New election Includes PSC and NC
2016 5,443,846 22.63 #2
85 / 350
43 / 208
PP minority Includes PSC and NC

European Parliament

Election Candidate Votes % # Seats Notes
1987 Fernando Morán 7,522,706 39.06 #1
28 / 60
Includes PSC
1989 6,275,552 39.57 #1
27 / 60
Includes PSC
1994 5,719,707 30.79 #2
22 / 64
Includes PSC
1999 Rosa Díez 7,477,823 35.33 #2
24 / 64
Includes PSC, PDNI and independents
2004 Josep Borrell 6,741,112 43.46 #1
25 / 54
Includes PSC and LV
2009 Juan Fernando López Aguilar 6,141,784 38.78 #2
23 / 54
Includes PSC
2014 Elena Valenciano 3,614,232 23.01 #2
14 / 54
Includes PSC


Historical leaders

President Term
1. Pablo Iglesias 1879–1925
2. Julián Besteiro 1925–1932
3. Francisco Largo Caballero 1932–1935
4. Indalecio Prieto 1935–1948
5. Trifón Gómez 1948–1955
Vacant 1955–1964
6. Pascual Tomás 1964–1967
7. Ramón Rubial 1967–1970
In exile 1970–1976
8. Ramón Rubial 1976–1999
9. Manuel Chaves 1999–2012
10. José Antonio Griñán 2012–2014
11. Micaela Navarro 2014–2016
Secretary-General Term
1. Ramón Lamoneda 1936–1944
2. Rodolfo Llopis 1944–1972
In exile 1972–1974
3. Felipe González 1974–1997
4. Joaquín Almunia 1997–2000
5. José Luis Rodríguez Zapatero 2000–2012
6. Alfredo Pérez Rubalcaba 2012–2014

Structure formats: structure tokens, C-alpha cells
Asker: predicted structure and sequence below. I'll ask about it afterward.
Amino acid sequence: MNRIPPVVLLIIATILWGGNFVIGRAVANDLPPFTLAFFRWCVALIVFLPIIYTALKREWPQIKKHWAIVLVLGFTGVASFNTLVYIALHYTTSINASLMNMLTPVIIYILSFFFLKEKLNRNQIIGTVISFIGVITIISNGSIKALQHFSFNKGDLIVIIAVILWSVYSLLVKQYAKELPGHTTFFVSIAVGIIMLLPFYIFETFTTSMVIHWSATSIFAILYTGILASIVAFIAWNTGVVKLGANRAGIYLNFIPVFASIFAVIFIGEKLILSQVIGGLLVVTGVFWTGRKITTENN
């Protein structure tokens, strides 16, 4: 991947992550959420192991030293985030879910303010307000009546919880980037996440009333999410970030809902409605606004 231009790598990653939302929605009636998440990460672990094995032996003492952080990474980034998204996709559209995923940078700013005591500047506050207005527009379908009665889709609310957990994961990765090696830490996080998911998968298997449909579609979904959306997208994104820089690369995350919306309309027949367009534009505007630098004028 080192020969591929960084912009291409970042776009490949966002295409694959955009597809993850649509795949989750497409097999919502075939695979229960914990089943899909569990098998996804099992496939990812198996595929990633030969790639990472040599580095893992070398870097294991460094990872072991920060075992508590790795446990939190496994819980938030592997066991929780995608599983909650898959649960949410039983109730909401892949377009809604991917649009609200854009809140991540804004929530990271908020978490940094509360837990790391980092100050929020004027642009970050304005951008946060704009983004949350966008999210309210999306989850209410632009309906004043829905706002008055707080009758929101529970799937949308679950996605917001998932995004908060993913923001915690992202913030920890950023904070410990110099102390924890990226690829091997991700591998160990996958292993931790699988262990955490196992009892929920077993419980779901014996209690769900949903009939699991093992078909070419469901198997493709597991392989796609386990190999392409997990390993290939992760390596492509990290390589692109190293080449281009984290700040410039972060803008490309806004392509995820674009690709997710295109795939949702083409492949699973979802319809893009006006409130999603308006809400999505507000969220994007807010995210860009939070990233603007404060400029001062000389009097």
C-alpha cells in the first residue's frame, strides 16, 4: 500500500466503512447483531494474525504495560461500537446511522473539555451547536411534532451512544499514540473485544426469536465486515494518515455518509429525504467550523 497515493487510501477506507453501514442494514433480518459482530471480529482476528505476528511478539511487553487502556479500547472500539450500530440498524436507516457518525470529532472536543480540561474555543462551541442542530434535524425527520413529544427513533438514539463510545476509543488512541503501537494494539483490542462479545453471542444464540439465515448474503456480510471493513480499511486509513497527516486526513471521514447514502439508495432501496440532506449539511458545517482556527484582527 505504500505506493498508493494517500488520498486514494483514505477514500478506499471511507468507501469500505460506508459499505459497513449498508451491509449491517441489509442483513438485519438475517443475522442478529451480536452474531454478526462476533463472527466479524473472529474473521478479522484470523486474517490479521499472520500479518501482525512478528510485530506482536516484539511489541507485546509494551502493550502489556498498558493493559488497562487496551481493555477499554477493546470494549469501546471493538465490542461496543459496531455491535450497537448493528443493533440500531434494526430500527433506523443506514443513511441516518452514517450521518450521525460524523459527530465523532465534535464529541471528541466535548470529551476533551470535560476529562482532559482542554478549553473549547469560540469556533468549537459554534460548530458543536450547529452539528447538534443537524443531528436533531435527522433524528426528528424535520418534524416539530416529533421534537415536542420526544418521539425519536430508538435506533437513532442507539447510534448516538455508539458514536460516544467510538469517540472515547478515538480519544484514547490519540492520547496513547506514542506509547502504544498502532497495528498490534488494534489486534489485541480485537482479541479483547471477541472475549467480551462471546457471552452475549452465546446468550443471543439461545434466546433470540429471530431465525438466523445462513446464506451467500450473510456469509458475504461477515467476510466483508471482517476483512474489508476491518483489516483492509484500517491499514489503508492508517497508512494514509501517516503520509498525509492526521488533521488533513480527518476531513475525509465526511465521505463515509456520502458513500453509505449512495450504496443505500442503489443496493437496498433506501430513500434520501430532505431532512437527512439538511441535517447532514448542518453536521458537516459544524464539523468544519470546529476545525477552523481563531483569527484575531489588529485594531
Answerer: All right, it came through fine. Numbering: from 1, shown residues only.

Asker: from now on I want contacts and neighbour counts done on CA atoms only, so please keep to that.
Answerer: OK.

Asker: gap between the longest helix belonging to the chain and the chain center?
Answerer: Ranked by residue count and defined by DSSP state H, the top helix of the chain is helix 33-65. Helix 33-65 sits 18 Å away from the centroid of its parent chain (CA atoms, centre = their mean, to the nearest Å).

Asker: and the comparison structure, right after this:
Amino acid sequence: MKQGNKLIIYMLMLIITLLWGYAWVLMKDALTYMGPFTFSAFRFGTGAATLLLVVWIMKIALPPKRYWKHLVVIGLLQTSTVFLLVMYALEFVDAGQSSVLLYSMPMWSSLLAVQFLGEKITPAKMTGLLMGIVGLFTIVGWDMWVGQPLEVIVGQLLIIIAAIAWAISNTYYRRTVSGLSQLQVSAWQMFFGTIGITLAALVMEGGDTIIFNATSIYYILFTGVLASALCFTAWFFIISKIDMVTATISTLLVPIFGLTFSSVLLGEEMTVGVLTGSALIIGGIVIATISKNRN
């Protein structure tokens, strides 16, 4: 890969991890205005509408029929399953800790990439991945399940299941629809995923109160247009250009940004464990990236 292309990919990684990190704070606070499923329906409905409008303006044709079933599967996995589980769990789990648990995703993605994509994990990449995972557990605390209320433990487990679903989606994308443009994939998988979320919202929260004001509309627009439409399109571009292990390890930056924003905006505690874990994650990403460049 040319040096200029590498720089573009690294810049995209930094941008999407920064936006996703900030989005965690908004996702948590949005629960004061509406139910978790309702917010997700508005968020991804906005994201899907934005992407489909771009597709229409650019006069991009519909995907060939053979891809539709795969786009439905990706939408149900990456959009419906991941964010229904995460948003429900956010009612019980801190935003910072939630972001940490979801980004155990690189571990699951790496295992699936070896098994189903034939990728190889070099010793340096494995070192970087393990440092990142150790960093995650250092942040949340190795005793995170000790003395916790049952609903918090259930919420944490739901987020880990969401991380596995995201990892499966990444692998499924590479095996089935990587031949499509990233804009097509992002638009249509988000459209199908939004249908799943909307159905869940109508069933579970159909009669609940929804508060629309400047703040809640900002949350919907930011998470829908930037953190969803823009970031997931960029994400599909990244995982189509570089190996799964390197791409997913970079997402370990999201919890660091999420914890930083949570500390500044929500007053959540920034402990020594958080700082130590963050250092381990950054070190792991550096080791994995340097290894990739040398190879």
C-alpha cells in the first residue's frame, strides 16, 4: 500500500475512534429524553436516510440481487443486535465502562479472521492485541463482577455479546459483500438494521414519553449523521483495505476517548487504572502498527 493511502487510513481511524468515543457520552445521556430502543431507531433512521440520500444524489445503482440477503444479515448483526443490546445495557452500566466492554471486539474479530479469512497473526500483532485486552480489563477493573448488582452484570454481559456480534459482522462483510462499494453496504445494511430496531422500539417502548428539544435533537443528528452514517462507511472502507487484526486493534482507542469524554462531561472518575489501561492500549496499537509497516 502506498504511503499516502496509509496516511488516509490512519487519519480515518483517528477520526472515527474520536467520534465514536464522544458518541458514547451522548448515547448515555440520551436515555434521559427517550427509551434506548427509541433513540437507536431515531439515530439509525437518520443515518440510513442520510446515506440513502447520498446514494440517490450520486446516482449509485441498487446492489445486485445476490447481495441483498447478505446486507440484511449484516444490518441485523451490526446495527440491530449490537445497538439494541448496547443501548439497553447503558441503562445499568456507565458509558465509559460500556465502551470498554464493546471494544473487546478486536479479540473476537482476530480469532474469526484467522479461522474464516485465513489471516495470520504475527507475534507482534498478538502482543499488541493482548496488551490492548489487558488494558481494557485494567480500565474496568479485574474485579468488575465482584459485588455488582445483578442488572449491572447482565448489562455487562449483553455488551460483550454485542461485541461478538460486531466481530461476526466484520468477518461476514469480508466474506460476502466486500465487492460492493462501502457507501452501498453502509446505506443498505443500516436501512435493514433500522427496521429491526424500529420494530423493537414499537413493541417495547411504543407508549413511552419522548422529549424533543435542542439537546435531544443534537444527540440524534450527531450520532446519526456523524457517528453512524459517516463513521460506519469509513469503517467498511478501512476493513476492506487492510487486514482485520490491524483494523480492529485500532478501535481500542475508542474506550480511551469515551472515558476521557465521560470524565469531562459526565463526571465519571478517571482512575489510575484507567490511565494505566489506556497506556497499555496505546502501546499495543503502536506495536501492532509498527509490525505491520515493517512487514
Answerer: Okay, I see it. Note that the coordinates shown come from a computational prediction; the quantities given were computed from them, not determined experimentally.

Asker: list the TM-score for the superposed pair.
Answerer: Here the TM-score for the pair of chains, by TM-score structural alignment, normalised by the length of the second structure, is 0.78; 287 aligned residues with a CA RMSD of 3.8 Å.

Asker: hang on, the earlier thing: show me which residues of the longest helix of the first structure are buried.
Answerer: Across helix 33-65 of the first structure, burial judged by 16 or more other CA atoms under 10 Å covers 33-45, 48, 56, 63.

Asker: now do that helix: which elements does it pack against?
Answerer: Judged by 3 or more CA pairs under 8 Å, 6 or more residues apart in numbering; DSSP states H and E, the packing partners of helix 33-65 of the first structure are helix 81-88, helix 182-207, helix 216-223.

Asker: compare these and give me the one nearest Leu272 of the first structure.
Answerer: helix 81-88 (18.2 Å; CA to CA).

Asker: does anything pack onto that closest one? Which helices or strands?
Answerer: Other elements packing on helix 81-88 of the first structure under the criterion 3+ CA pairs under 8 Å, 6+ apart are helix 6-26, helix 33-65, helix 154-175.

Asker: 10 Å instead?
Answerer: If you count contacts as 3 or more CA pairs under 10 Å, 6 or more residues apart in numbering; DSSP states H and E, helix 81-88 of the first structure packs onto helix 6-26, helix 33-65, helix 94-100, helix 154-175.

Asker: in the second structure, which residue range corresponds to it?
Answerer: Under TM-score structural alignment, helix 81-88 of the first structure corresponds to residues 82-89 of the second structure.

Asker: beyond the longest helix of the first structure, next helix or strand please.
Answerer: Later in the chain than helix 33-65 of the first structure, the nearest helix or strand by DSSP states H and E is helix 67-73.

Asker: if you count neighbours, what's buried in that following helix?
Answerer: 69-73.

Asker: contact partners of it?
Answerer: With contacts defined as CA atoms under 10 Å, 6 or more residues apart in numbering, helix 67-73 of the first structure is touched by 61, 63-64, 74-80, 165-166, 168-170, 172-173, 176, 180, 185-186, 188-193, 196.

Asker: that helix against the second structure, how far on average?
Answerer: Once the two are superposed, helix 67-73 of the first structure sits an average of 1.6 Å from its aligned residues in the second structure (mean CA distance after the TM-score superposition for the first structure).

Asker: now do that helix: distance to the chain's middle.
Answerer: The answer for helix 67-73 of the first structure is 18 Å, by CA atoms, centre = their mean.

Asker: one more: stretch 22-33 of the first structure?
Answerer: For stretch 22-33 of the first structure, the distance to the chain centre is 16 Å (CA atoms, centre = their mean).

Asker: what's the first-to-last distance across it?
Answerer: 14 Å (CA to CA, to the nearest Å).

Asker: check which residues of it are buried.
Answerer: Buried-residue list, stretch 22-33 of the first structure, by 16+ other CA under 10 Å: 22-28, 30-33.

7. Pedro Sánchez 2014–2016

Notable members

See also


  1. 1 2 PSOE. Ideology: Social democracy. Political Position: Centre-left - European Social Survey
  2. Wolfram Nordsieck. "Parties and Elections in Europe: The database about parliamentary elections and political parties in Europe, by Wolfram Nordsieck". Retrieved 12 April 2015.
  3. Gibbons 1999, p. 48: «This was in line with the PSOE's strongly pro-European policies»
  4. Campoy-Cubillo 2012, p. 163: «The Saharawi cause was embraced not only by the Europeanist PSOE»
  5. The PSOE is described as a social-democratic party by numerous sources:
  6. 1 2 3 4 "History of PSOE" (in Spanish). PSOE own site. Retrieved 11 July 2007.
  7. (Spanish) El líder del PSOE señala que "todos los federalismos son asimétricos" y opta por este modelo porque la Constitución "se quedó un poquito a medias"La Vanguardia
  8. Kowalski, Werner. Geschichte der sozialistischen arbeiter-internationale: 1923 – 19. Berlin: Dt. Verl. d. Wissenschaften, 1985. p. 325
  9. Helen Graham, "The Spanish Socialist Party in Power and the Government of Juan Negrín, 1937-9," European History Quarterly (1988) 18#2 pp 175–206. online
  10. Regimes, Politics, and Markets: Democratization and Economic Change in ... – José María Maravall – Google Books. Retrieved 9 February 2014.


Further reading

Wikimedia Commons has media related to Partido Socialista Obrero Español.


    This article is issued from Wikipedia - version of the 11/13/2016. The text is available under the Creative Commons Attribution/Share Alike but additional terms may apply for the media files.